We recently found an interesting article on nanofibre and its potential use for healing bone fractures that we thought might interest you.
Jani Holopainen, and his doctoral research at the Department of Chemistry at the University of Helsinki, indicates a future where it may be possible to use nanofibres to improve the attachment of bone implants, or be used directly to scaffold bone regeneration. This would aid the healing of fractures and may also enable the care of osteoporosis.
Holopainen has developed processes of fibrous and thin-film biomaterials. He also studied the apparatus used for nanofibre production.
Synthetic bone-like material
“At best, bone-reforming scaffolds that regenerate at the same rate as bones could be used as implants. The scaffolds activate the bone cells to generate new bone that slowly replaces the disintegrating scaffold and the implant exits the body naturally without separate removal surgery,” Jani Holopainen says.
Holopainen selected hydroxyapatite, which is the main component of bone mineral, as the focus of his research. This is why the synthetic hydroxyapatite structures are very compatible with bone.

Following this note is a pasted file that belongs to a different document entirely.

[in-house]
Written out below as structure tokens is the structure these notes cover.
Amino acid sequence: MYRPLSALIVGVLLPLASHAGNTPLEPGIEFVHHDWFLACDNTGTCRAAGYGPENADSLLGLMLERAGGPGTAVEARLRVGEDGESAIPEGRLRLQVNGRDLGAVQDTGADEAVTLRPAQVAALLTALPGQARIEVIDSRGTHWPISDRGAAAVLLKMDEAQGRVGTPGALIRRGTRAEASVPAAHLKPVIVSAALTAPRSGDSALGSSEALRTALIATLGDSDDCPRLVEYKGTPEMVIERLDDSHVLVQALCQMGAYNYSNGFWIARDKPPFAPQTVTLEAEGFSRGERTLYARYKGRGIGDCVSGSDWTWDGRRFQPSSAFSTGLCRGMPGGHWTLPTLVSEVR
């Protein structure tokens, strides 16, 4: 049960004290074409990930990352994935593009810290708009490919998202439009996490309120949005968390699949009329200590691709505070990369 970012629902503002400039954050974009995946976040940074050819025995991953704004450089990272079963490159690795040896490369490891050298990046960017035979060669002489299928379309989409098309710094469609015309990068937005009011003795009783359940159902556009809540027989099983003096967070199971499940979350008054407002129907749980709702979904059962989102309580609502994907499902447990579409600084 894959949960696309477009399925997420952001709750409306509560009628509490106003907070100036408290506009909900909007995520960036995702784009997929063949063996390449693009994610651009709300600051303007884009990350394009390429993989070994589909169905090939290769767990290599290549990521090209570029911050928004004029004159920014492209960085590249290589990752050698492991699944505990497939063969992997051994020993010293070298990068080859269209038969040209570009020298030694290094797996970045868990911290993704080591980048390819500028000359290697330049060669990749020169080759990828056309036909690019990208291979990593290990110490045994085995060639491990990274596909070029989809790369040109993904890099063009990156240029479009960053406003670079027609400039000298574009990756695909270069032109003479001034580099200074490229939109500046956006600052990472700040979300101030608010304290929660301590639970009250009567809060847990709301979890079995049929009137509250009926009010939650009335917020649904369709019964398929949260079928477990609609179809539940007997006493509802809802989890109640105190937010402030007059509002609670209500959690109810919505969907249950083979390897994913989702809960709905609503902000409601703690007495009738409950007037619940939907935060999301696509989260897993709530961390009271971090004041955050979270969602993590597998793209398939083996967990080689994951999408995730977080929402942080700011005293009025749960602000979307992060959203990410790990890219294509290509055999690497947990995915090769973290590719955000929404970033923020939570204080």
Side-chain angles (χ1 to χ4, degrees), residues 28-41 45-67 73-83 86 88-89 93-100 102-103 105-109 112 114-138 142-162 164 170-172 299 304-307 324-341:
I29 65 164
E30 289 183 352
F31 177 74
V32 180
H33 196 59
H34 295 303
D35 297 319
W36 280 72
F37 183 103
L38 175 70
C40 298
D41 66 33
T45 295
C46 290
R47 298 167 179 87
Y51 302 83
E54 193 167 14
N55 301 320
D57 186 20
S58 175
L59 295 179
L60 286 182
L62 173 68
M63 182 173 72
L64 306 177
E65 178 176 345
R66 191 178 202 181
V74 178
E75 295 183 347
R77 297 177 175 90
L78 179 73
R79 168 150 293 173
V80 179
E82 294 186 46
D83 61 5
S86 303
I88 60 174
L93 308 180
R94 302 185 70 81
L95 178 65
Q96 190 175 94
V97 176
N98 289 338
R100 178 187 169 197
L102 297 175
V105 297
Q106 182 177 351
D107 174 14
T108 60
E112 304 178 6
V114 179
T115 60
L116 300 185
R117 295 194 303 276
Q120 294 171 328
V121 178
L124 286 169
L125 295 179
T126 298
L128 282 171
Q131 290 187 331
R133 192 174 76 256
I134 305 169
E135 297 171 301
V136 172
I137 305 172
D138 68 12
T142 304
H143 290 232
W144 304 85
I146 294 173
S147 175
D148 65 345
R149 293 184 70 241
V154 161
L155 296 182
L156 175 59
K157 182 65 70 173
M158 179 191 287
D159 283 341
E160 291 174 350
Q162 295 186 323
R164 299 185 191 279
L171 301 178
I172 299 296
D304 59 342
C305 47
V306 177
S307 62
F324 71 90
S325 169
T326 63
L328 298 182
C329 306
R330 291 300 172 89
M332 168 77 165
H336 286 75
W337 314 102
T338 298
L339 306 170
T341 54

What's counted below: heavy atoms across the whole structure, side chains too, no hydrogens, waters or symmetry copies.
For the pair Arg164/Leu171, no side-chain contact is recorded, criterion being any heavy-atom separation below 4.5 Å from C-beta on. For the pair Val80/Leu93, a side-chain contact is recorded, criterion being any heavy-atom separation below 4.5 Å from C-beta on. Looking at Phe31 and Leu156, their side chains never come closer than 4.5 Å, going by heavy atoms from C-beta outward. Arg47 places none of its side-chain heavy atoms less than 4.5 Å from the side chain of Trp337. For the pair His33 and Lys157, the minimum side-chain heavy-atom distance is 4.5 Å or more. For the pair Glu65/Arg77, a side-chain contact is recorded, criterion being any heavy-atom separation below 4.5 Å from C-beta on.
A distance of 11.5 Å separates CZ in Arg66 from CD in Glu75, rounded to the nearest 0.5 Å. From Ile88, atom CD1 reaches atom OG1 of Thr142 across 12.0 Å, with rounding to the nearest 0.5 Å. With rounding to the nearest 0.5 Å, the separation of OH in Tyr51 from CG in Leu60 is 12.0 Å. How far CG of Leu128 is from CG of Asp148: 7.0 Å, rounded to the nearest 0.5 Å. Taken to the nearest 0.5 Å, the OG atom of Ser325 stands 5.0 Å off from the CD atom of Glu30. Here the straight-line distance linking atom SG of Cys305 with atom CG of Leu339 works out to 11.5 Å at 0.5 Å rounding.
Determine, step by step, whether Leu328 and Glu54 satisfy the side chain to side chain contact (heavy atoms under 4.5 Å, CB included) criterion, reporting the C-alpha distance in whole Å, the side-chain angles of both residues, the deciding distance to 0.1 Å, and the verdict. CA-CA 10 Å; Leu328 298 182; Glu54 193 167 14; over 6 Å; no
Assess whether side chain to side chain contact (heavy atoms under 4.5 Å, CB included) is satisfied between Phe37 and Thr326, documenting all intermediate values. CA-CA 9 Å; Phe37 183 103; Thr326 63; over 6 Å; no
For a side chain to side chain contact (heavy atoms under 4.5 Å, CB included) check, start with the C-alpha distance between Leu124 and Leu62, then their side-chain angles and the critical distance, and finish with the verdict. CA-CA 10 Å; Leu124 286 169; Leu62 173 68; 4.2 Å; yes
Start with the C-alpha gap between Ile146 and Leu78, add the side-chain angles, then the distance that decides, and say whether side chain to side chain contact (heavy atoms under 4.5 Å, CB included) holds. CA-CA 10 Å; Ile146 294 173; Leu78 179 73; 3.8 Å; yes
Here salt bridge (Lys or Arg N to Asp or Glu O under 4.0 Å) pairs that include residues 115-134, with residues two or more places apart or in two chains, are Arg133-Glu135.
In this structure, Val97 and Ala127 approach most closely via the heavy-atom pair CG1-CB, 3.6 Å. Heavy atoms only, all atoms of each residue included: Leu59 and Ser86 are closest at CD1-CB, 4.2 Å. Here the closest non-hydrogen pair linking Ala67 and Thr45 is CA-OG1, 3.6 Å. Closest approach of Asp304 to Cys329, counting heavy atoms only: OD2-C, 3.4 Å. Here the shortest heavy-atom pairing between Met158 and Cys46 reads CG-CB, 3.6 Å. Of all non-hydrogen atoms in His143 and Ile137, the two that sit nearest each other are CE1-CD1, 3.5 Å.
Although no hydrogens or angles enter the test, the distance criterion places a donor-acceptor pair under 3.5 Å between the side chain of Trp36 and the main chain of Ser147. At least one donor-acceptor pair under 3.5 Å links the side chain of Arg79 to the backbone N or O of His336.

Prototypes manufactured in Helsinki
Holopainen developed the electrospinning apparatus for producing hydroxyapatite fibers and a new kind of needleless twisted wire electrospinning setup, which is more productive than the generally known electrospinning method. The prototypes for the equipment used in the research were manufactured at the Department of Chemistry at the University of Helsinki. The equipment will have to be developed further in order to enhance production to an industrial scale.
“This promising method still has a long way to go before it will become a real medical application, though cellular tests have already been made,” says Professor Mikko Ritala of the Department of Chemistry and the Atomic Layer Deposition centre of excellence at the University of Helsinki, who was the advisor of the doctoral research.
See more at: https://helda.helsinki.fi/handle/10138/169566
To read the source article, click here.